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Tuesday, June 19, 2007

I have been reading, now, for over a year, blogs about men feeling a desperate need to connect with other men, to give and receive affection, to fall in love. I have spent one-on-one time with many of them, and they have graciously answered my questions. The reason for my interest, I suppose, is because I have never really felt those longings for anyone--or acknowledged that I felt them. I have felt attraction in its most basic form. I've had relationships and some friendships. But prior to this year, with the exception of my husband, I've been emotionally intimate with no one.

I listen as these men express longings I cannot understand. The closest feeling I've had to what they describe is when I became overwhelmed earlier this year, with the need to be held in a non-sexual way, by someone who had no attraction to me. Not the same thing by a long shot, but still, I think the longing part I may have started to understand. Those feelings have since gone away, and now when I feel emotions, they seem to last about ten or fifteen minutes, then they pass and leave me feeling a bit confused that they happened in the first place. I find myself apologizing for acting out of character, building a wall to protect the vulnerable place, and moving on with life.

I have never wanted anyone to share my life, to take care of me when I was ill (I still hate it when someone tries to empathize or help me when I'm sick), to be with me every day. The fact that Darrin is there to fill those non-existent needs is somewhat of a mystery to me. The fact that he stays, knowing I really don't want anyone, is something I understand even less. Perhaps he knows that I love him deeply, and can see beneath all the layers to the point where what I think I need is less valid than what he knows I need. And for whatever reason, he's willing to continue to give to a less than grateful recipient.

I have heard the men I've been "studying" talk about romantic love. Their definition of that phenomenon is much different from my own--which of course, isn't a real definition, but one that I twist to suit my own needs. They listen to songs and respond to the lyrics, attaching hidden meanings and hopeful dreams. I listen to songs and analyze the chord structure, admire occasional musicianship or clever wordsmithing. They dream of their "one and only", "soulmate", "perfect guy", "forever friend." I dream of sleeping, making it through another day successfully, beautiful sights, a really great practice session.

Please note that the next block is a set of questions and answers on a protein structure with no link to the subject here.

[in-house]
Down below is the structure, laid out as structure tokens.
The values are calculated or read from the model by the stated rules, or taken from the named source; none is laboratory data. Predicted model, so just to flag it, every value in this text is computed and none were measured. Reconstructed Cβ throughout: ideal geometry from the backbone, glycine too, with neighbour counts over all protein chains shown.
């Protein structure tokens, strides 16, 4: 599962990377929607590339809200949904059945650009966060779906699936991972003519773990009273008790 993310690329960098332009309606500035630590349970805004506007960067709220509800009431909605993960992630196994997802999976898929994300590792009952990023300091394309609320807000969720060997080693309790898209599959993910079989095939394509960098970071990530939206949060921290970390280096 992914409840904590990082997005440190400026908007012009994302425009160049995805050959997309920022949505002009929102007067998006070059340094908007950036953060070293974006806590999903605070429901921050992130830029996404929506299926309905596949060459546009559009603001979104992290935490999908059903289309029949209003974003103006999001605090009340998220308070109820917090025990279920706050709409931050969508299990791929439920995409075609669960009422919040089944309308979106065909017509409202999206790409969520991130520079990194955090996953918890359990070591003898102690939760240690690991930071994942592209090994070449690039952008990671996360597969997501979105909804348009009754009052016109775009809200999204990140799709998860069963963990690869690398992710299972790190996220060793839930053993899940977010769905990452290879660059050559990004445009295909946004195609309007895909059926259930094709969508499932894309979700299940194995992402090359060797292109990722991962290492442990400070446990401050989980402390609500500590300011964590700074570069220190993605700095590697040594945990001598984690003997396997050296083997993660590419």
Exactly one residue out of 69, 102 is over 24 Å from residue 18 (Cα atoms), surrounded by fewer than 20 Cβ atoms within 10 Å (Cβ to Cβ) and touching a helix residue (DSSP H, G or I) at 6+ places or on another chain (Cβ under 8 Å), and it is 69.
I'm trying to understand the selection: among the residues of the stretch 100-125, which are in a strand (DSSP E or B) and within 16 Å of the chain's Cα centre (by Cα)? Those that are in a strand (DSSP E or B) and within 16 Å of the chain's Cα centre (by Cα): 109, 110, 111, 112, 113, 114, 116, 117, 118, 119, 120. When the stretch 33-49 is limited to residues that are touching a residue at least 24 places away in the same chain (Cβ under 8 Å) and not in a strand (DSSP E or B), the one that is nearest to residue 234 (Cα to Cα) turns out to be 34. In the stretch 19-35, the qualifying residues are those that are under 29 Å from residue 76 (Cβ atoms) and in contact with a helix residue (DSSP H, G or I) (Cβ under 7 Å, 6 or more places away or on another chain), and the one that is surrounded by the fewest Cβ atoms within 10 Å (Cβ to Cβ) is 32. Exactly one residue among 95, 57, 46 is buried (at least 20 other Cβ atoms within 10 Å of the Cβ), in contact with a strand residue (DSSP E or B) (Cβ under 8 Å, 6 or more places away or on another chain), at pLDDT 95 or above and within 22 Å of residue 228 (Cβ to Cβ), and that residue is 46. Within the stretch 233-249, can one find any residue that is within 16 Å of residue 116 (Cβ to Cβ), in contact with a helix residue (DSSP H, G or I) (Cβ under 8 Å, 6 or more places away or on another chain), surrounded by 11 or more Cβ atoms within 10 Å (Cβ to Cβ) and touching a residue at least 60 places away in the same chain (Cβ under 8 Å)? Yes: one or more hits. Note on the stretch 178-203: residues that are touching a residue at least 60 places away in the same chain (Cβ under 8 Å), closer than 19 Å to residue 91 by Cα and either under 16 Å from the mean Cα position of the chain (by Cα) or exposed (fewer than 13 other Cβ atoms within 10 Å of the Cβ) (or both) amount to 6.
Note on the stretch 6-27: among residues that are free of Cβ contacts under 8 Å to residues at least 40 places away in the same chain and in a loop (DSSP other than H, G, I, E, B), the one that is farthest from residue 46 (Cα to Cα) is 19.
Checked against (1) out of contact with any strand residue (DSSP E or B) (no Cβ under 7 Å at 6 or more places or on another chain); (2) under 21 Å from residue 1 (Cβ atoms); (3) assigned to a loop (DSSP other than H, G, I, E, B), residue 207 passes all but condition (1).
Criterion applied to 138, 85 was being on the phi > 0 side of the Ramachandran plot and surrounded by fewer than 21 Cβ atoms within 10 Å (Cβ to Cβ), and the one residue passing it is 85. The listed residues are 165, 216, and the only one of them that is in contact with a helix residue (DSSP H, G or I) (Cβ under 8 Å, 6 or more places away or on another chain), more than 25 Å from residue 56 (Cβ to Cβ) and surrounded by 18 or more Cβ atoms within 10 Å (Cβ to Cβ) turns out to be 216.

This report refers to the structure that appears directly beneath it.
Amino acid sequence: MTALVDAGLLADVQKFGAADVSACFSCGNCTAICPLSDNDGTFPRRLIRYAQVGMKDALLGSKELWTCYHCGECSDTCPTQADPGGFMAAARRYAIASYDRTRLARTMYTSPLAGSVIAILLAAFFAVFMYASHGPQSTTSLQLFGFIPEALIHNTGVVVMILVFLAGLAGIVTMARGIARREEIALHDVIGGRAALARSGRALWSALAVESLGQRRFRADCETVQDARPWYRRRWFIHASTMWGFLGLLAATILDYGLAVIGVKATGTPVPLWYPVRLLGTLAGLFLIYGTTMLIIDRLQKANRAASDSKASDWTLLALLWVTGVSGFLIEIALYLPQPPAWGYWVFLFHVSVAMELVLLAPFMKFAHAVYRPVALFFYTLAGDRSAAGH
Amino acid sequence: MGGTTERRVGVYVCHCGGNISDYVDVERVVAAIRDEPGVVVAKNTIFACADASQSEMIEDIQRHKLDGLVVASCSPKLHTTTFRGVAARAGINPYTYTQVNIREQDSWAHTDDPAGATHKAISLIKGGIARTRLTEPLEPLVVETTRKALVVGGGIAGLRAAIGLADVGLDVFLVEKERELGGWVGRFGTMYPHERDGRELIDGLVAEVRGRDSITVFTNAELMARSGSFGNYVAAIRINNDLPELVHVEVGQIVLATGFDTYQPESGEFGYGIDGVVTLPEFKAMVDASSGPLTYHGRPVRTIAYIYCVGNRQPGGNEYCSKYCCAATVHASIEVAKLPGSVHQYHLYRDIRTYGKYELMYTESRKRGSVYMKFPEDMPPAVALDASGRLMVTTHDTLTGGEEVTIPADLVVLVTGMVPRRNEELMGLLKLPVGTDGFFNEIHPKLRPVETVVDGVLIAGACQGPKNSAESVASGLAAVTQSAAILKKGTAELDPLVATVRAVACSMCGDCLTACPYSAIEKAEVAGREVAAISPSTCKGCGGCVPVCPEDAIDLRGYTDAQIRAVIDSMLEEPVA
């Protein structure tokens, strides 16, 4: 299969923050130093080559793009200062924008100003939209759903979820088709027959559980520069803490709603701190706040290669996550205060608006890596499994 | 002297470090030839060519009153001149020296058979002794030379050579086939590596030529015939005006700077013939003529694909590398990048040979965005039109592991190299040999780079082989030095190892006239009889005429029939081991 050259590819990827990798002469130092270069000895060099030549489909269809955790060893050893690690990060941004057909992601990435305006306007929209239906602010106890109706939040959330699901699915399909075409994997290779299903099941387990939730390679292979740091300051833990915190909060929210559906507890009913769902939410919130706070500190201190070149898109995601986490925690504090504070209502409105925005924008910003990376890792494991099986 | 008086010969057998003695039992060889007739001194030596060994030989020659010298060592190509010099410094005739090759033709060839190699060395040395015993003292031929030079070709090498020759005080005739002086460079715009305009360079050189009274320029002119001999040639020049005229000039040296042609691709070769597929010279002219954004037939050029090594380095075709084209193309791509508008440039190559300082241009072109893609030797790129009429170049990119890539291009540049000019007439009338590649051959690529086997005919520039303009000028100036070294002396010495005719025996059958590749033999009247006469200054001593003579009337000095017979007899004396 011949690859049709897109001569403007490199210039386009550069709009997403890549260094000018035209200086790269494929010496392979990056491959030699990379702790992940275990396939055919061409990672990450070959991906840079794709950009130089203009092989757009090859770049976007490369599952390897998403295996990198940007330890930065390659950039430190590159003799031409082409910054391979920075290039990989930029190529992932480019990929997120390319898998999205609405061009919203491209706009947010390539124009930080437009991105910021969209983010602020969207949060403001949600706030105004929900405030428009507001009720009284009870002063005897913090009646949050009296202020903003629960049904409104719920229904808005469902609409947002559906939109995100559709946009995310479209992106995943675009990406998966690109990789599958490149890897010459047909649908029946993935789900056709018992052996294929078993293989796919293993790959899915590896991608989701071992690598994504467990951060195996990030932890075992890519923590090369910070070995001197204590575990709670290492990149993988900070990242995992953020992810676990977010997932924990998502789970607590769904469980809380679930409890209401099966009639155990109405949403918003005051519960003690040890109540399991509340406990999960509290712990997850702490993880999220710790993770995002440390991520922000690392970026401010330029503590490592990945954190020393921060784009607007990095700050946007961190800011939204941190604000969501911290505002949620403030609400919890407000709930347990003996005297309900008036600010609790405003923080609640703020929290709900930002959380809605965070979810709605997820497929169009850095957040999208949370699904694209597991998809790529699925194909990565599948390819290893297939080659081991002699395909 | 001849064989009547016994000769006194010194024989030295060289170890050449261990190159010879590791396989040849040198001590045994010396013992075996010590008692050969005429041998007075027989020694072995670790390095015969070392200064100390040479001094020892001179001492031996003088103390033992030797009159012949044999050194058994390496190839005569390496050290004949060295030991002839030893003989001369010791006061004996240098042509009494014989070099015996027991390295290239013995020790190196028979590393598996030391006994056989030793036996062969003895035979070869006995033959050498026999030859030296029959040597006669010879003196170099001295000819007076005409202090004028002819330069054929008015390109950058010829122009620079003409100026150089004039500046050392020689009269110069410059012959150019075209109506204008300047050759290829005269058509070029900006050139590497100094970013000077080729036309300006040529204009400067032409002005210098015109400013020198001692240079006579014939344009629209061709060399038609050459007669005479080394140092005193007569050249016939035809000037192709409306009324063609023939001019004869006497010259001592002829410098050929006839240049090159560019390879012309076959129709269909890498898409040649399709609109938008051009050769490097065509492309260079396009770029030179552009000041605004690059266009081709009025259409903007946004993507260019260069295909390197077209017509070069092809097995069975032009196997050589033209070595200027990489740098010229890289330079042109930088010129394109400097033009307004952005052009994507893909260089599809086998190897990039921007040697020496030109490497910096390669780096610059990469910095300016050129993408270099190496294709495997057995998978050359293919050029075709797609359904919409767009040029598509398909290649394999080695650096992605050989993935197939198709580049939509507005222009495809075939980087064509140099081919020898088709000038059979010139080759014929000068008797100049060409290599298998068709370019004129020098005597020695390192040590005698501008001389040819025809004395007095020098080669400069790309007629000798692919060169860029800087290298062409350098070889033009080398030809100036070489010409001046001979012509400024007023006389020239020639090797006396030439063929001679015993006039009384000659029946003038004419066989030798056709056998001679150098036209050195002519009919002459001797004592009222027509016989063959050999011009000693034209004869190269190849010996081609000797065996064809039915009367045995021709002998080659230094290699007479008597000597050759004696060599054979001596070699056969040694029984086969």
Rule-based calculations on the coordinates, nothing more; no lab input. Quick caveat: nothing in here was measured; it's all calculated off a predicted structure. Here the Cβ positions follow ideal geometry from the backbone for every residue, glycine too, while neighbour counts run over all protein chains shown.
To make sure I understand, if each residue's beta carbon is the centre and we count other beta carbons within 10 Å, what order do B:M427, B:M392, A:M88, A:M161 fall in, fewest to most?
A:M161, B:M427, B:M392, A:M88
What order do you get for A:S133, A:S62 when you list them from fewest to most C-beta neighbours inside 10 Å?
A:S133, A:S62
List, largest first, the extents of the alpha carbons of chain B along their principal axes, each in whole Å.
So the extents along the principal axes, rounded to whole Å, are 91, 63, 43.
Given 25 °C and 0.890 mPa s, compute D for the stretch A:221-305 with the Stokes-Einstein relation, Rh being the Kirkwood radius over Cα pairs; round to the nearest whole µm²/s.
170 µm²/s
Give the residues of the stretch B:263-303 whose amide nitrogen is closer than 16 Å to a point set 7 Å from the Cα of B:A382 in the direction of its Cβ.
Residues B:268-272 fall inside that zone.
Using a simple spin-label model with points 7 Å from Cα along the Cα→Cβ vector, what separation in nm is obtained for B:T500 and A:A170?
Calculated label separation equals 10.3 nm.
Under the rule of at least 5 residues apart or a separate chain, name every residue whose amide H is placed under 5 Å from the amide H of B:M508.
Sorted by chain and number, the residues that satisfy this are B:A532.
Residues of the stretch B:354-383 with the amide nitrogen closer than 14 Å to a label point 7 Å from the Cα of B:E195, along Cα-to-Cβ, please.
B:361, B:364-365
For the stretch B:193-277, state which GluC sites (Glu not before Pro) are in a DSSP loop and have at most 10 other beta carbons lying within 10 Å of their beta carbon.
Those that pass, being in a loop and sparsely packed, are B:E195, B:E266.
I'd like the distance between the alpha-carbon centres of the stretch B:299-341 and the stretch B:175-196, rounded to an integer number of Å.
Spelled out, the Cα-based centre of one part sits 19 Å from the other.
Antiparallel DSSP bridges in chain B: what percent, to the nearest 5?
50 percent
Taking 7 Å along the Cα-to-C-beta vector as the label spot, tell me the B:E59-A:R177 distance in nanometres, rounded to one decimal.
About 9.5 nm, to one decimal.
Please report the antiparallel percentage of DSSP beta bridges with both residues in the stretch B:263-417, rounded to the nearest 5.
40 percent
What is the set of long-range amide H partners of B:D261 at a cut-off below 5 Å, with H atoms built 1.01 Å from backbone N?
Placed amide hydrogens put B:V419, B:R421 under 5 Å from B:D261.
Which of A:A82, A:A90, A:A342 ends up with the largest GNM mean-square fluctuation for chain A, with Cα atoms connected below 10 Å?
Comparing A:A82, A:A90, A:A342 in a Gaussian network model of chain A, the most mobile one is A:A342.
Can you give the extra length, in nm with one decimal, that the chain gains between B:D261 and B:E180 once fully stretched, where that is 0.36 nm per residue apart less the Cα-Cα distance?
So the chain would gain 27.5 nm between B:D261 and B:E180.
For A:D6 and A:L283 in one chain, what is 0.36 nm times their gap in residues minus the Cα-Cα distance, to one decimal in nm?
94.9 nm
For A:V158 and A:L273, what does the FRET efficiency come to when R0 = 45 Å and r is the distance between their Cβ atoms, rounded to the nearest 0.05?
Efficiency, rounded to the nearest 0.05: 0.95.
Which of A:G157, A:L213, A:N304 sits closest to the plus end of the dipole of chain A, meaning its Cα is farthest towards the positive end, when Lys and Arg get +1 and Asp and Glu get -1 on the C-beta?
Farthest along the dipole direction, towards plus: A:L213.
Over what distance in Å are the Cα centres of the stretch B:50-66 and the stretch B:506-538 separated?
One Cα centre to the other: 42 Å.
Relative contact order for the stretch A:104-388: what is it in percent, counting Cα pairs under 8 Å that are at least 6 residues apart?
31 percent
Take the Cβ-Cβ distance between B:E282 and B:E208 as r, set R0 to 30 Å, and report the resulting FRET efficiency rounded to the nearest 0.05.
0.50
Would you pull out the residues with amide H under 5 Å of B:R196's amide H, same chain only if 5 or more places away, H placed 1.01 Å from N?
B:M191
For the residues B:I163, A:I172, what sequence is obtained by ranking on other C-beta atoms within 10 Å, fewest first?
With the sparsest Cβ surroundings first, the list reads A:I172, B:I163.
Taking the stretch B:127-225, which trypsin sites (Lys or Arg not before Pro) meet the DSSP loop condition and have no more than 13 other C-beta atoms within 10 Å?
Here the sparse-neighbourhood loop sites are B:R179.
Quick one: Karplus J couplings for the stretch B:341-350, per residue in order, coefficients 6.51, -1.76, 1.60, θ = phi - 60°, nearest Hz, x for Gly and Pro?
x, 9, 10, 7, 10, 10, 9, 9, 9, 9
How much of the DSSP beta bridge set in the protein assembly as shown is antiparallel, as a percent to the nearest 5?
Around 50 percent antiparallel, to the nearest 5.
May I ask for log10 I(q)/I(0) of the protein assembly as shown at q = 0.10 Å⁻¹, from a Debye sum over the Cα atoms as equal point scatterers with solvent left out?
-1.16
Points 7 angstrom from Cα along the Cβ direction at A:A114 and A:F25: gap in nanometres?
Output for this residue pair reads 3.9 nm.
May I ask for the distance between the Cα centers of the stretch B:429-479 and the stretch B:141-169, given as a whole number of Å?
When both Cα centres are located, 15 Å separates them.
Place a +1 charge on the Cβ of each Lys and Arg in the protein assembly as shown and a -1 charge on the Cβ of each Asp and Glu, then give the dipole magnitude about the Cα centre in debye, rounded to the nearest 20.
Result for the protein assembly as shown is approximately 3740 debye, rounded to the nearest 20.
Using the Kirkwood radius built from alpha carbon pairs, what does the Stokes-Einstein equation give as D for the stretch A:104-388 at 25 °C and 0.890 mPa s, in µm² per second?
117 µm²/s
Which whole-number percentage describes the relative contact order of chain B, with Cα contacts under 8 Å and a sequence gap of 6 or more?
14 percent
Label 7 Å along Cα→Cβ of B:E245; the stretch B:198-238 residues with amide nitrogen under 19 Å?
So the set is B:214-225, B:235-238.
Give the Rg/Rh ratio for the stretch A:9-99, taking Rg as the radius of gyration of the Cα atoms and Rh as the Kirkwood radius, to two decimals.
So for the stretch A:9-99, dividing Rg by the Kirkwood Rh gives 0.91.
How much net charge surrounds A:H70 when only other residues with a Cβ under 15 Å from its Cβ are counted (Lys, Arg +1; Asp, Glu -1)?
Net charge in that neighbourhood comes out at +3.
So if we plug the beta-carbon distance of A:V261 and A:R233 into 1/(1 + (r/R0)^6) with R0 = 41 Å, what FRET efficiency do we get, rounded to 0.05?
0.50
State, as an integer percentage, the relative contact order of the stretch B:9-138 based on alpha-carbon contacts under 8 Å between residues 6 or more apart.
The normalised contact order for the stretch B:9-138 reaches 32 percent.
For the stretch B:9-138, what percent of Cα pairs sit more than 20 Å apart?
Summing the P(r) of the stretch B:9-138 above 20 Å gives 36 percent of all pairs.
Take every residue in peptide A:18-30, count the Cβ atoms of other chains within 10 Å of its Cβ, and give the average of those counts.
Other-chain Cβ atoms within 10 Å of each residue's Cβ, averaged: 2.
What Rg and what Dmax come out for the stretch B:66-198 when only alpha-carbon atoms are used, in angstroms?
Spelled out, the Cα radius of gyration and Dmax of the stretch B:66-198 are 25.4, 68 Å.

I thought that I would find some answers with the people I've come to know. Instead, I've found more questions about myself. As I've learned how to heal from my past, I'm realizing that it's not really changing who I am. I'm not more "normal". I still feel the need to isolate. I still fight against allowing people to be close to me. I still feel at peace only when I'm running alone. It seems I attached more importance to the results of abuse than I should have. The truth, I suppose, is that I'm just this way.

Sometimes, though, I would like to know how it feels to long for someone with all my soul, to view the world through "in love" eyes, to feel giddy and excited just to be with someone special. To have a heart broken because of love, not because of fear or violence, seems an experience every person should have. To feel purely, and intensely, without a surrounding cushion of numbness, practicality, and inevitability...


  1. You are a curious little female. The men who you say have this burning need to connect to men seem to have an innate need to connect to females as well. Why else are you so prominent here?

    I don't know you, Miss Samantha, but we have some things in common. And I'm so glad you have Mr. Darrin. Be good to him and earn him.

    Oh yeah. Hi.

  2. I think most friendships end, but few permanently. I've been surprised at the number of times over the last few years I've run into dear friends from years back and been delighted to hear how they are doing. It's been nice to keep in touch with extended family and friends through my family blog. And for those who I miss the most, I keep in mind my optimism that I'll get back in touch some time... maybe after this life. Maybe that's just naive optimism, but it gives me a lot of satisfaction. In the mean time, I miss them and sometimes feel more lonely than I'd like, but I take that in stride too. Life is just life.

  3. I hope you have the reserves to forgive your friend for being upset and feeling beleaguered himself from time to time. I have this feeling he doesn't really believe the things he says in emotional extremity.

  4. Superstar: I have no real answers to your questions, but I think my "prominence" in the Queerosphere is highly overrated. I will admit, however, to being blessed with a little bit of charm and if you meet me in person, I like to giggle--perhaps that has something to do with it. And by the way--I never have to earn Darrin. He loves me--no one earns that.
    -L-: Your optimism is laudable. Someday mine will be, as well.
    Beautiful Swan: Thanks for the reminder. I've sent an apology.